things that Windows can't; I use both. (Actually I also
use Solaris, OS/MVS, DOS, standalone Forth and even
Macs on occasion, they all have advantages). I do, however,
often get very frustrated with the intractability of
many problems that I experience in proprietary operating
systems such as Windows or Solaris. It is not very
reassuring to me that Microsoft itself cannot figure
out so many problems; e.g. I once had the "New... Folder"
menu option disappear from the right-click pop-up in
Windows Explorer, and even with paid support from Microsoft
the only solution they could offer was for me to re-install
the entire operating system. Whatever problems I have with
Linux, this sort of deep, mysterious, unknowable bug does
not seem to occur. Bugs, yes, bugs that cannot be diagnosed,
rarely.

Many times the Linux driver issue is not one of someone
wanting to write one. GDI printers often have the problem
that all the information that one would need to write
a driver is proprietary and unavailable to the user, for
whatever reason. Gone are the days of manuals listing all
the escape codes for the different functions of a printer.
Reasons why companies such as Okidata will refuse to
releas such specifications are the subject of much
speculation, but are often in fact inscrutable.

GDI printers are sort of like getting a device that is
driven by a code-protected OTP PIC; this is absolutely
fine as long as it is already programmed to do everything
you would ever want or need to do with it. If OTOH you
*do* need to do something else with it, it is a poor choice
for purchase. Still, this does not lessen its usefulness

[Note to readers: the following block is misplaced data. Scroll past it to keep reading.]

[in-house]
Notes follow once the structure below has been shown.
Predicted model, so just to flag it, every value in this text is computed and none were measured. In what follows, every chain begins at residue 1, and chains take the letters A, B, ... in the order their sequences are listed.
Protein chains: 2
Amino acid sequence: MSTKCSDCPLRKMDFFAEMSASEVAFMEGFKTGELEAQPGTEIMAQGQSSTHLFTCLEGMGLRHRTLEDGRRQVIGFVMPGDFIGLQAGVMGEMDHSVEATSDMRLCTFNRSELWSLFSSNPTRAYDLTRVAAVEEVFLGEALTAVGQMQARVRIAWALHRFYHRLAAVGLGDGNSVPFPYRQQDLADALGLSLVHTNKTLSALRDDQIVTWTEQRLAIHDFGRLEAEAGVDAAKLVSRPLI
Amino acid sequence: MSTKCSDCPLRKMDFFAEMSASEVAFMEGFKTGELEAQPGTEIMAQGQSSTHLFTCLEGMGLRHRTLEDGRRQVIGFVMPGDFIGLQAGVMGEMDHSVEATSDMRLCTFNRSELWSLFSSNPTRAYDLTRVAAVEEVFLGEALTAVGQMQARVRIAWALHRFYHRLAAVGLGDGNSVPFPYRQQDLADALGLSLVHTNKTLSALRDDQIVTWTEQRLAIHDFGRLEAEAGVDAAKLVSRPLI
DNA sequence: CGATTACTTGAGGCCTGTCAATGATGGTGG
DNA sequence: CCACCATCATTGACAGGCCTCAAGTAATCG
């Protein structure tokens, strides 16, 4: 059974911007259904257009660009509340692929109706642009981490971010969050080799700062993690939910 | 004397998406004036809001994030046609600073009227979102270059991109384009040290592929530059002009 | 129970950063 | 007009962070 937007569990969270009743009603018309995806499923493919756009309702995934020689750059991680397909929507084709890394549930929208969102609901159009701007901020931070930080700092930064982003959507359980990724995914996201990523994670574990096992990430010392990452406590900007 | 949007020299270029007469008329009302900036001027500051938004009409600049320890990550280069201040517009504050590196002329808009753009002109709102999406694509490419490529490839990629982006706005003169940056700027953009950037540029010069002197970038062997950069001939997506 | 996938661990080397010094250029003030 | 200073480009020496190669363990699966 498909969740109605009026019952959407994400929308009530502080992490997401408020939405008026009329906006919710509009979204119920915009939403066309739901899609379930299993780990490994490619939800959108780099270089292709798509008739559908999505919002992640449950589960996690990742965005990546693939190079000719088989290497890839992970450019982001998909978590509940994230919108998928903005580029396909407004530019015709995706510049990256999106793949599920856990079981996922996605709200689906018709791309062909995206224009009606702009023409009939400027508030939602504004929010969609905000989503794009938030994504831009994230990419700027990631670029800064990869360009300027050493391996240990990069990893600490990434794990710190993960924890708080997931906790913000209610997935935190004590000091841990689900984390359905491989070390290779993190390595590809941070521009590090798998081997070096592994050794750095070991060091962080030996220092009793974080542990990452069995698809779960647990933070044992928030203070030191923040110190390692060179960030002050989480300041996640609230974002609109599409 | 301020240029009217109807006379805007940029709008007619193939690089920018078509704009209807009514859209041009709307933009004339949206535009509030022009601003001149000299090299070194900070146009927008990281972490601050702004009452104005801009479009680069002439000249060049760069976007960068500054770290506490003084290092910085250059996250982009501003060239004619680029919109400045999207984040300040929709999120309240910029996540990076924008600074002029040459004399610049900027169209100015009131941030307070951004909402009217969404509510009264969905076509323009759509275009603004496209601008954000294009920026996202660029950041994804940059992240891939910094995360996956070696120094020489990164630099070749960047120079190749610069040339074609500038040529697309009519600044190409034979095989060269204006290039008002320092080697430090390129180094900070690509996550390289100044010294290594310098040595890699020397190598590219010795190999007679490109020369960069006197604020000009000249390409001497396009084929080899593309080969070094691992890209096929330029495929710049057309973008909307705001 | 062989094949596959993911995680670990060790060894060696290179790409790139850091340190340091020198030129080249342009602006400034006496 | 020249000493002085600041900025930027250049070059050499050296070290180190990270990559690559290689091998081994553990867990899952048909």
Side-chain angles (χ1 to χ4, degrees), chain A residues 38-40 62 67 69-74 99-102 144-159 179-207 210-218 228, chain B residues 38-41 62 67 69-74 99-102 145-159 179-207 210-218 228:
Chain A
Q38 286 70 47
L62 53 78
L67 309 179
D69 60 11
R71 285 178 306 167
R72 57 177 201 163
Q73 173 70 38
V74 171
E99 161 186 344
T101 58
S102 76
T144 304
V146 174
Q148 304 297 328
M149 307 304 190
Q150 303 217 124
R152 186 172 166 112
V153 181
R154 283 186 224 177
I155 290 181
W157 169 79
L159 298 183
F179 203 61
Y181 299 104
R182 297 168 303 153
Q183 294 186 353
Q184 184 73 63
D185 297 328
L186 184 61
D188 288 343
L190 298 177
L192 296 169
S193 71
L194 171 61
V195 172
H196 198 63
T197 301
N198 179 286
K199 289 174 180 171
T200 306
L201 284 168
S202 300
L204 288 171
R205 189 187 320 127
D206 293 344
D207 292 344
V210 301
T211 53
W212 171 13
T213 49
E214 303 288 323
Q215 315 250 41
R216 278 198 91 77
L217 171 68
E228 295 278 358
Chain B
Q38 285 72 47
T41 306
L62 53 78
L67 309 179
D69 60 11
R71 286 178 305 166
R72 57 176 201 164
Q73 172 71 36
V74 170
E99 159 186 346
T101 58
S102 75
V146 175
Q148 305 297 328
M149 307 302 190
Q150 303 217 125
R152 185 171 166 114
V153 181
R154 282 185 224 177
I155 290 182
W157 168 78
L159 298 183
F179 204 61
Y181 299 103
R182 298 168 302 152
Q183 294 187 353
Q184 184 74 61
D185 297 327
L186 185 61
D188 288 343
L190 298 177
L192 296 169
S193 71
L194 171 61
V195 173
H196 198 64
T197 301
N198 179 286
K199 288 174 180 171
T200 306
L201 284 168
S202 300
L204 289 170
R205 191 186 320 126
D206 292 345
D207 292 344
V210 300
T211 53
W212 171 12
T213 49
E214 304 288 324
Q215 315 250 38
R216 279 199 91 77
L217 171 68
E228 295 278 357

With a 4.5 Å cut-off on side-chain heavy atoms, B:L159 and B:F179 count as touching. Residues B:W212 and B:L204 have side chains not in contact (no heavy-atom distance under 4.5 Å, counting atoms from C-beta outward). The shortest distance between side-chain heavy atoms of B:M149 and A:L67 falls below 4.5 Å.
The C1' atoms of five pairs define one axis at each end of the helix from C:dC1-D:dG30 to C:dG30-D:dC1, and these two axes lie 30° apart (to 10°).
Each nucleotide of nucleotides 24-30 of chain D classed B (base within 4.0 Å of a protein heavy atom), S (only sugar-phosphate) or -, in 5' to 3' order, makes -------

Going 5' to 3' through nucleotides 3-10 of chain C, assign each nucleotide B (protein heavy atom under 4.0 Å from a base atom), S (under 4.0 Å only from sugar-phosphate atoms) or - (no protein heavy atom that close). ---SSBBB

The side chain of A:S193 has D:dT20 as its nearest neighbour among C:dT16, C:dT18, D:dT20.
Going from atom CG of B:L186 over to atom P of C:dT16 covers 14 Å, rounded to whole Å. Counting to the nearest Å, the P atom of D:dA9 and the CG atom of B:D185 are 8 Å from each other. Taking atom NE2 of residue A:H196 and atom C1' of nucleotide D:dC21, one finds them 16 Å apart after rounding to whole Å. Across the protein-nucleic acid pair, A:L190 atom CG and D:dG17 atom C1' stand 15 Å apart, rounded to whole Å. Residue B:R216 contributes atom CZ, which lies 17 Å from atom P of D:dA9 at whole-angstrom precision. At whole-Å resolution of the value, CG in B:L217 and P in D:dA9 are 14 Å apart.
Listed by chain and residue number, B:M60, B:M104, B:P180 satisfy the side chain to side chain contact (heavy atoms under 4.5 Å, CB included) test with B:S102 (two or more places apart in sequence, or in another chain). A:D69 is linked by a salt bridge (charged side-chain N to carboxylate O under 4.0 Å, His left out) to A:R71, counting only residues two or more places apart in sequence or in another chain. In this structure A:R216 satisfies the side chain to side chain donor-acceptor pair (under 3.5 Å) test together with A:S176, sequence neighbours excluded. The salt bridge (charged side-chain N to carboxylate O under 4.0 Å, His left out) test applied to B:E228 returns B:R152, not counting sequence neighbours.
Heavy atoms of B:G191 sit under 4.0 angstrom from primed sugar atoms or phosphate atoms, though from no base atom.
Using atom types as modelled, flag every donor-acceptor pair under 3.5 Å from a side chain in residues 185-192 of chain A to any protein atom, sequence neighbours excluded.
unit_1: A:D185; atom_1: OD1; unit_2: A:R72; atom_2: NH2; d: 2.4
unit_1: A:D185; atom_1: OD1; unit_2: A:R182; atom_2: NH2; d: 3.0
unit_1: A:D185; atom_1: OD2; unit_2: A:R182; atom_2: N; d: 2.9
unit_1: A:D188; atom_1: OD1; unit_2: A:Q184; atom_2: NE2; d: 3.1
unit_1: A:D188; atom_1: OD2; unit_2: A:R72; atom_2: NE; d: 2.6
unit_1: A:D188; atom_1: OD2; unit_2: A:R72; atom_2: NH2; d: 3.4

or appropriateness for those who's needs are met by the
included function.

--Bob

--
============================================================
Bob Drzyzgula                             It's not a problem
KILLspambobKILLspamspamdrzyzgula.org                until something bad happens
============================================================

1999\02\10@181940 by tefan Ranguelov

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Hi !


Sean Breheny wrote:
...

> #1) Does Toner Transfer Paper work well enough to be a viable method?

Yes, it is possible to do this, but it is very tricky and the results
depend on many parameters.


>
> #2) Will LED-based laser printers work with the Toner Transfer Paper?

I don't have expiriance with LED printers, but LED or Laser should't
make
a big difference.


I have compard my new 600 dpi Laser with the older 300 dpi one we have
at work (both from HP) and it seems that the newer one uses less toner
to print the image. The toner powder is fine graind and the resin may
differ.
The images printed on the older 300 dpi printer with a thiker toner
layer are better suited for the toner transver method.


Just my 2 cents ...
St.

1999\02\10@184945 by Sean Breheny

face picon face
I want to thank everyone for responding to my question about TTP and
printers. I finally ordered
an Okidata Okipage 6e and it should be here tomorrow. The okipage 6e, as I
understand it, is an LED-type laser printer with 1MB of memory, and HP
laserjet IV emulation,in addition to GDI. I currently don't have any toner
transfer paper and it will be at least a couple of weeks before I get any,
most likely. However, I will let everyone know how much success I have with
TTP on this printer when I get a chance.

On the point about 300 dpi vs 600 dpi, this printer is 300x1200 dpi but I
believe it uses a fine-grained toner. Perhaps I can just turn up the
darkness all the way? There was an article a while ago (1.5 years
ago,August '97) in Electronics Now about using TTP and the printer they
used for all of the tests was an Okidata OL600e, the direct predecessor to
the Okipage 6e. They look almost identical and take the same toner and
image drum,so I'm hoping to achieve results which are as good as what they
got,after some practice, of course.

Thanks again,

Sean


At 12:04 AM 2/11/99 +0100, you wrote:
>Hi !
>
[SNIP]
|
| Sean Breheny
| Amateur Radio Callsign: KA3YXM
| Electrical Engineering Student
\--------------=----------------
Save lives, please look at http://www.all.org
Personal page: http://www.people.cornell.edu/pages/shb7
RemoveMEshb7TakeThisOuTspamcornell.edu  Phone(USA): (607) 253-0315 ICQ #: 3329174